Georgia Bulldogs: Team Overview

Big things are expected from Georgia this year, and if history holds up, the Bulldogs may be in trouble because of it. Under Mark Richt, Georgia has rarely lived up to lofty expectations and seem to do its best work when the media is focusing on someone else. Richt was firmly planted on the hot seat heading into 2011, but is once again in UGA’s good graces after leading Georgia to an SEC East title and being competitive – for one half of football, anyway – against LSU. This year, there will be no sneaking up on anyone. If any team other than Georgia wins the SEC East, it will be a major upset, particularly given the amount of talent returning to Athens.


Returning Offensive Starters: 6 (SE, FL, LG, RG, RT, QB)

Returning Defensive Starters: 9 (NT, LDE, ROLB, RILB, LILB, RCB, LCB, FS, SS)

Returning Specialists: 0


Projected Overall Record: 11-1 (USC)

Projected SEC Record: 7-1 (USC)

Projected SEC East Record: 5-1 (USC)


Ratings (Ex, Vg, Av, Fr, Pr)

Quarterbacks: Vg Defensive Line: Vg

Running Backs: Fr Linebackers: Ex

Wide Receivers: Ex Defensive Backs: Ex

Offensive Line: Fr Special Teams: Pr



Georgia wants to be a balanced pro-style team, but that balance wasn’t evident in 2011 thanks to drama at the running back position. Unfortunately for the Bulldogs, the drama spilled over into 2012, and Georgia isn’t entirely sure what its eventual backfield will look like. On the good side, Georgia is solid at quarterback and receiver. The offensive line needs work thanks to graduation of key individuals. The Bulldogs are one of the few teams still using a fullback full-time.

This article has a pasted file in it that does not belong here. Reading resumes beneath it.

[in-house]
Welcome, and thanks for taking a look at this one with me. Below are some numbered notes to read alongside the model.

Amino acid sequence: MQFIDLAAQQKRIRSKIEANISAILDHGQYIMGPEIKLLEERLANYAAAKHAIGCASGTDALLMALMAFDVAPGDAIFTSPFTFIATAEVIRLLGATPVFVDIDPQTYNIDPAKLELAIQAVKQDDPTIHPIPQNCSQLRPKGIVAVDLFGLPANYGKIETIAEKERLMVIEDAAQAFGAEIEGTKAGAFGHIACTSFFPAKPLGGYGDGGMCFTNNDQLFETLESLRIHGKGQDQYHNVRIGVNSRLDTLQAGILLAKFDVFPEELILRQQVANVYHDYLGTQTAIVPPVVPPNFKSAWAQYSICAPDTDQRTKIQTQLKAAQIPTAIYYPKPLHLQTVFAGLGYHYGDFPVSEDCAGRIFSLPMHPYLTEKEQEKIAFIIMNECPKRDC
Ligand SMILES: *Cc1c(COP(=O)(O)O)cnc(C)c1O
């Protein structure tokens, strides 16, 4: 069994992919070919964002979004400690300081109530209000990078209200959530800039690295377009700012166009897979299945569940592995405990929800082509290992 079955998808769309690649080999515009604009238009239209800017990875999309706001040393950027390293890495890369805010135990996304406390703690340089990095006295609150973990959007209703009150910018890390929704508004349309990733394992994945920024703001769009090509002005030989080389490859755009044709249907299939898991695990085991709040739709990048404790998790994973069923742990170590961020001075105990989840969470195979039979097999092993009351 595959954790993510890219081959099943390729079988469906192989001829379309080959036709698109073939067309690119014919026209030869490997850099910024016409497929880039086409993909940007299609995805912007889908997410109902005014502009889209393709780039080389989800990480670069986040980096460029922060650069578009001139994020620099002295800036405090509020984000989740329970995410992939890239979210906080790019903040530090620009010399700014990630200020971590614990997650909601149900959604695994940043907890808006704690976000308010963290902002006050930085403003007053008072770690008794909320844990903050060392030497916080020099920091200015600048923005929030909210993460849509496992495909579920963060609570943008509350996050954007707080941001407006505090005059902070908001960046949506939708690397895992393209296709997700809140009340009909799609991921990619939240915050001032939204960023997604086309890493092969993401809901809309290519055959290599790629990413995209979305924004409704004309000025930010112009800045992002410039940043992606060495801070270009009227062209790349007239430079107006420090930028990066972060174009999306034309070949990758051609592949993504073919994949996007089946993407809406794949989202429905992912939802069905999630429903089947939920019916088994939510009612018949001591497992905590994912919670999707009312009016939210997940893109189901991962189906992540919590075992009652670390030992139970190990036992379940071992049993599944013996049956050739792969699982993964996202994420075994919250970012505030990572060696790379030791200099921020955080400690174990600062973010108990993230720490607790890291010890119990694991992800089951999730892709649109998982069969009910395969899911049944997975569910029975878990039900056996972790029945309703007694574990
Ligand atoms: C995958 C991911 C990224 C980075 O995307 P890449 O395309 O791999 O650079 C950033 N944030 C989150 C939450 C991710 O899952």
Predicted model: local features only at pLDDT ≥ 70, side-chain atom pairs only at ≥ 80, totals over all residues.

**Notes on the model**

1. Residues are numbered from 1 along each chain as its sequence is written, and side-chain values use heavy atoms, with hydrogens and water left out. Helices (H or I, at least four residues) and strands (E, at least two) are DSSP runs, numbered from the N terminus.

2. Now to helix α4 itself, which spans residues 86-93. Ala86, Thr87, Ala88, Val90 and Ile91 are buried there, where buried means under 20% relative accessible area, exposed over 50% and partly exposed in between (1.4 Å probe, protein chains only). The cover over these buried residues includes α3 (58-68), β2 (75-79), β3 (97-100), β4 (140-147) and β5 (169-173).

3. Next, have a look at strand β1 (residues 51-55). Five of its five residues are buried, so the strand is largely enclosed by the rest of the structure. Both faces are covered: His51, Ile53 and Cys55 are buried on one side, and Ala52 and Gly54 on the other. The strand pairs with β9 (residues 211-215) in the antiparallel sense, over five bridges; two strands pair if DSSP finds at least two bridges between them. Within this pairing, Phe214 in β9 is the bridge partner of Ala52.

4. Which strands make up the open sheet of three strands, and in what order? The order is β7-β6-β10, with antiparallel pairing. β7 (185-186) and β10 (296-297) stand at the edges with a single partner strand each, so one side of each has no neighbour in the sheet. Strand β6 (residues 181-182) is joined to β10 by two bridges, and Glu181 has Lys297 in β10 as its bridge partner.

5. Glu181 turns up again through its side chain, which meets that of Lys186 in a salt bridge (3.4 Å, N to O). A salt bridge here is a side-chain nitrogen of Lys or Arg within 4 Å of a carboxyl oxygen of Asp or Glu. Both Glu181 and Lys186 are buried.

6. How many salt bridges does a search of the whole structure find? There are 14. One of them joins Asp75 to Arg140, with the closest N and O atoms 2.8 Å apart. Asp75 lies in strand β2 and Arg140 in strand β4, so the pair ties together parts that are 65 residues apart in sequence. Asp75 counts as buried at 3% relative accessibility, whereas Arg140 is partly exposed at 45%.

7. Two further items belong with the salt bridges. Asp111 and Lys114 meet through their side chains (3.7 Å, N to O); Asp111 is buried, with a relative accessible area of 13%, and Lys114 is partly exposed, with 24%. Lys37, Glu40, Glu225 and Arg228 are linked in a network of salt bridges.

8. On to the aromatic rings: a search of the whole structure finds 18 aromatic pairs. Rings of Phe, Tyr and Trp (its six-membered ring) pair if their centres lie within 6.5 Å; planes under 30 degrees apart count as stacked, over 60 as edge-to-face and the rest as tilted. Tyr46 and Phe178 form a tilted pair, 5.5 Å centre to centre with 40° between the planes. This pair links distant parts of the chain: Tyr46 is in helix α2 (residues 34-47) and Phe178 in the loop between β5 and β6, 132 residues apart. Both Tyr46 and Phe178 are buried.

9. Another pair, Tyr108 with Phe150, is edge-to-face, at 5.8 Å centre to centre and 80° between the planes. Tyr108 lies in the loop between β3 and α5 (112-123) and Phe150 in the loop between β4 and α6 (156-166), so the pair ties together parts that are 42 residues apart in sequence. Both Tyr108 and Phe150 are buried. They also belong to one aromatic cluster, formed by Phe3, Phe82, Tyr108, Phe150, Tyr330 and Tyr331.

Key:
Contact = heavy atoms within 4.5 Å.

QUARTERBACKS (rating: Vg; 1st SEC East, 2nd overall)

Aaron Murray had a solid, sometimes spectacular 2011 season, throwing for 35 touchdowns, 3,149 yards and throwing himself into the Heisman Trophy race for the upcoming year. Georgia would prefer not to lean so heavily on Murray’s arm, as an injury to its leader would be extremely difficult to overcome. Murray’s arm strength isn’t to be questioned, but he threw 14 interceptions in 2011 and sometimes doesn’t make the best decisions. Still, in terms of raw talent, few are better. His primary backup will be a redshirt freshman, Christian LeMay, or junior Hutson Mason. LeMay has the brighter future, but neither player looks ready to step in for Murray and Georgia not feel a major bump in the road. Given the uncertainty at running back, this offense will be quarterback-centric no matter who is calling the shots.


RUNNING BACKS (rating: Fr; 7th SEC East, 13th overall)